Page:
Traditional Pilots vs. Viewer Measurement

Few know and appreciate that one of the best examples of the power, indeed the magic, of modern data analytics is Netflix’s series House of Cards (HOC).


Indeed, HOC registers as one of the most successful TV and video programming introductions of all time. Yet, what is most remarkable is how HOC was developed and introduced. As HOC star Kevin Spacey explained in his iconic YouTube speech, “Netflix was the only network that said, ‘We believe in you…we’ve run our data, and it tells us the audience would watch this series’” (emphasis added).


Netflix replaced the traditional (and very expensive) “pilot” TV test process with intimate knowledge (via intensive data analytics) of the Netflix viewer. Netflix used its sophisticated data analytics as a basis to invest $100 million upfront in HOC; then, as a basis to green light HOC for at least four seasons (thru 2016), and for today’s 39 completed episodes. Today, Netflix producers envision a 12-season collection of HOC, through 2023.


Anther Example: AMC and ‘Mad Men’

Other ways in which data about viewers is being collected are nearly as interesting. AMC, the network home of The Walking Dead and Mad Men, has also taken a fascinating lean toward data collection and analysis.


As noted in a recent, free IBM-New Bay Media whitepaper, Vitaly Tsivin, AMC’s SVP of business intelligence, used IBM’s advanced analytics to get a richer picture of who its viewers are, what they want, and how to keep their attention in an increasingly crowded entertainment marketplace.


“We need to know who’s watching and why, and we need to know it quickly, so that we can decide…whether to run an ad or a promo in a particular slot during tomorrow night’s episode of Mad Men,” Tsivin said.


Much of the challenge comes from having so much information available – hundreds of billions of rows of data from industry providers such as Nielsen and comScore; from channels such as AMC’s TV everywhere live Web streaming app and video-on-demand service; from retail partners such as iTunes and Amazon; and from third-party online video services such as Netflix and Hulu – and the need to analyze data minute-by-minute and viewer-by-viewer.


And CBS, Too

A recent article talked of CBS News Digital (CBSN), a free, ad-supported streaming news network, available on the Web, via mobile and on connected TVs. Providing 15 hours a day, typically, of news-related content, CBSN taps into its deep well of video viewer data and analytics, much of it via social media, to determine what  viewers want to see (or see more of).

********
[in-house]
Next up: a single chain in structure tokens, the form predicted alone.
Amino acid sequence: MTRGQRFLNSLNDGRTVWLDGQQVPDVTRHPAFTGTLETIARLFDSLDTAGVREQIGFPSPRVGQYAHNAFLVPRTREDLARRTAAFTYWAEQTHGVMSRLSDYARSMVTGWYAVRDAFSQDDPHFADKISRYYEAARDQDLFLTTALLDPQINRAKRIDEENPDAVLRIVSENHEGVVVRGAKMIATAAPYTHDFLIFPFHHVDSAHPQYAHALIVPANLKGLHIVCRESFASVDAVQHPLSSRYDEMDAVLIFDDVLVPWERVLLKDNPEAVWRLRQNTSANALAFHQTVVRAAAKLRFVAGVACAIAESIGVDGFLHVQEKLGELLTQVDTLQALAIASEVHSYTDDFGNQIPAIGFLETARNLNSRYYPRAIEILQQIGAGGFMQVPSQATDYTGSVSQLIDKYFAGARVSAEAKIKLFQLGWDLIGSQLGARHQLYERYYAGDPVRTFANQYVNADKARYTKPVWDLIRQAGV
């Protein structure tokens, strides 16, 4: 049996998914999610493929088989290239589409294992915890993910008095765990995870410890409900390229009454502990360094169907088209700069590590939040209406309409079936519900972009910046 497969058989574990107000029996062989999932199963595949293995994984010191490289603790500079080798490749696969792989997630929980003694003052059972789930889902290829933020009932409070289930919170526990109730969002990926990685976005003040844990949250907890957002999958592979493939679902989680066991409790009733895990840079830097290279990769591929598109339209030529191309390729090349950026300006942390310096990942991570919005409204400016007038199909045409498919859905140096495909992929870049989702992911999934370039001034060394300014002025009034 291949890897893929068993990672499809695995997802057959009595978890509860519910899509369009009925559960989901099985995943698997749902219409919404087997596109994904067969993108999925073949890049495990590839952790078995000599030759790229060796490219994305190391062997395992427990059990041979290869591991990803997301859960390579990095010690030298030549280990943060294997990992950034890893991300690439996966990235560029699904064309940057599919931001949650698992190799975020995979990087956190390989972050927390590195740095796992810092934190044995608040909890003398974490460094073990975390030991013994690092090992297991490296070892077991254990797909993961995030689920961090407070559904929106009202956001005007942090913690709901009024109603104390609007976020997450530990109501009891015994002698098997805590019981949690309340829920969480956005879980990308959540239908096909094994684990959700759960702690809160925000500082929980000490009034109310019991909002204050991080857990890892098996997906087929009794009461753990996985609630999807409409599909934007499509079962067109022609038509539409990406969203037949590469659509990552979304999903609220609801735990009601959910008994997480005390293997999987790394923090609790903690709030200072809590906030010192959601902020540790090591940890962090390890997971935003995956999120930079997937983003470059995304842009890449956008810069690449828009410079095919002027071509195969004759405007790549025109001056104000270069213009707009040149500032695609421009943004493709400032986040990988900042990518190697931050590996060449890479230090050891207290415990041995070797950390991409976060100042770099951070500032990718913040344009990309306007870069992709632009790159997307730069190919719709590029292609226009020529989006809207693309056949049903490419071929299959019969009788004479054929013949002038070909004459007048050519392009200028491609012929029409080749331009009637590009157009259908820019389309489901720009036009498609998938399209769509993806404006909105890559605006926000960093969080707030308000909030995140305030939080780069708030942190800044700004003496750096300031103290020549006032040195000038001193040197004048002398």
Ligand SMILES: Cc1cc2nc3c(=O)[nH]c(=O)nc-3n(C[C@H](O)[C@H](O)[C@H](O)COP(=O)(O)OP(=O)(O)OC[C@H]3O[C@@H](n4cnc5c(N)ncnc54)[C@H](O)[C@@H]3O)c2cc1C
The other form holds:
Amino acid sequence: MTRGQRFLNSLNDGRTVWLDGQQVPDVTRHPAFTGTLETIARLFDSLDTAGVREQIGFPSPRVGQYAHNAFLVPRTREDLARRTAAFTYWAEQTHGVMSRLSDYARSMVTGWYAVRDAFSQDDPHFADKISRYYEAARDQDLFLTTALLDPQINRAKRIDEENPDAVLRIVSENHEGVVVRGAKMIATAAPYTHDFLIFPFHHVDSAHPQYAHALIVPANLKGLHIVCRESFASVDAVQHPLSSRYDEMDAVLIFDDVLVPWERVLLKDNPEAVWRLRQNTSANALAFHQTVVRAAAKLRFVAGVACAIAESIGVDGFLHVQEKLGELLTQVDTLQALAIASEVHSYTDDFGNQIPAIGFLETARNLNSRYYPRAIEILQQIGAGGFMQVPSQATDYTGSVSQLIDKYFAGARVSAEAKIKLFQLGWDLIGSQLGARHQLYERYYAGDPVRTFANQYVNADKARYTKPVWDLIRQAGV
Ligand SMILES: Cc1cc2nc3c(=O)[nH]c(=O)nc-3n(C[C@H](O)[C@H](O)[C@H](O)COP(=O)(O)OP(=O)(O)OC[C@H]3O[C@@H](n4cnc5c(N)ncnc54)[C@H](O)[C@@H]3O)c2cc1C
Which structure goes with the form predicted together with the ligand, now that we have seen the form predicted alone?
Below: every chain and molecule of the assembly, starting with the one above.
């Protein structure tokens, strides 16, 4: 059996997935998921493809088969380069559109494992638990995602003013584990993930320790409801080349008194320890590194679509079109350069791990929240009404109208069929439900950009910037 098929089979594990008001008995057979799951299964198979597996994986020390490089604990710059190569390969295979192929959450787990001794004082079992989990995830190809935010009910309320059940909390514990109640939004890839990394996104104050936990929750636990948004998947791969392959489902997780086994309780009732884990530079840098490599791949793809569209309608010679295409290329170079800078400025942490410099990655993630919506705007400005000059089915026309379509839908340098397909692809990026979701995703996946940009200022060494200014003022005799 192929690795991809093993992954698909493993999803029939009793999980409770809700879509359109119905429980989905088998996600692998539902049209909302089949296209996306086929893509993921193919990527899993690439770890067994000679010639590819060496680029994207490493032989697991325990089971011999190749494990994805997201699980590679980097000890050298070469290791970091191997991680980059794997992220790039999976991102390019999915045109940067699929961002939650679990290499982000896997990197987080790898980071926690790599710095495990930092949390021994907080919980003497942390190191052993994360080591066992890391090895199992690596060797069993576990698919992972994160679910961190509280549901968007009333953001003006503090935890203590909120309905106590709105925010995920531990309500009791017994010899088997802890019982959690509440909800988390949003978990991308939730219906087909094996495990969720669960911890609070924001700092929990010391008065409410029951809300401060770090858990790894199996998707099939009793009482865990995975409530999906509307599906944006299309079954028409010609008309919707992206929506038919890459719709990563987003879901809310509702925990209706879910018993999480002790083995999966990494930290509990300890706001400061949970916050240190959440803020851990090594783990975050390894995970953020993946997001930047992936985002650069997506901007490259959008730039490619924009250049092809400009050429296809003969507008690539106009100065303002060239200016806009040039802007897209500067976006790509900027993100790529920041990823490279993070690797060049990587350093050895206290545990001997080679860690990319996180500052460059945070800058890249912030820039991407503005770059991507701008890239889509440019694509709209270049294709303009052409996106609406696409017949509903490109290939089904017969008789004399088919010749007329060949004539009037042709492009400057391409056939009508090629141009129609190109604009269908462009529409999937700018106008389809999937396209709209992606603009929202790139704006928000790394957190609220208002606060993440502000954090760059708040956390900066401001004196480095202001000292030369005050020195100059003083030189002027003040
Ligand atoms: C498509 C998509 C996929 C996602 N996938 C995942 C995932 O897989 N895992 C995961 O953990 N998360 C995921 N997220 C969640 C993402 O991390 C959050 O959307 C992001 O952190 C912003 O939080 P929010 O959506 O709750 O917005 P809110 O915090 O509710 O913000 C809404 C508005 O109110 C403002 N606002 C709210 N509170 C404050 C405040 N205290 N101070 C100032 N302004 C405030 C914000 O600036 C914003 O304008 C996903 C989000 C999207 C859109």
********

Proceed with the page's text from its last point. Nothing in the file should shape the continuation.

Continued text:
The data analysis also helps CBS News strategize what content to promote on its social channels. Additionally, data influences CBSN content in the presentation itself, i.e., if the average age of the viewing audience is 40 years old, a subtle but important change involves dressing male news anchors without ties, and having all anchors stand instead of sit behind a desk occasionally.


CBSN is another prime example of how networks and others in the ecosystem are accessing data and analyzing it to drive better viewing and thus more profits in the making and distribution of content.


10 Lessons

The IBM white paper mentioned above spells out 10 key lessons that members of the telecom, media, and entertainment ecosystem need to consider and eventually understand and implement if they are to be successful in marketing and selling future content, including (1) Know Your Goals; (2) Know the Viewer; and (8) Realize the Vastness and Potential of Today’s Analytics.


A current telecom adage has it, “We will see more change in the next 10 years than we have in the past 100.” Data analytics in the media, entertainment and telecom worlds (especially the video part of those) is a perfect example of this very lesson.

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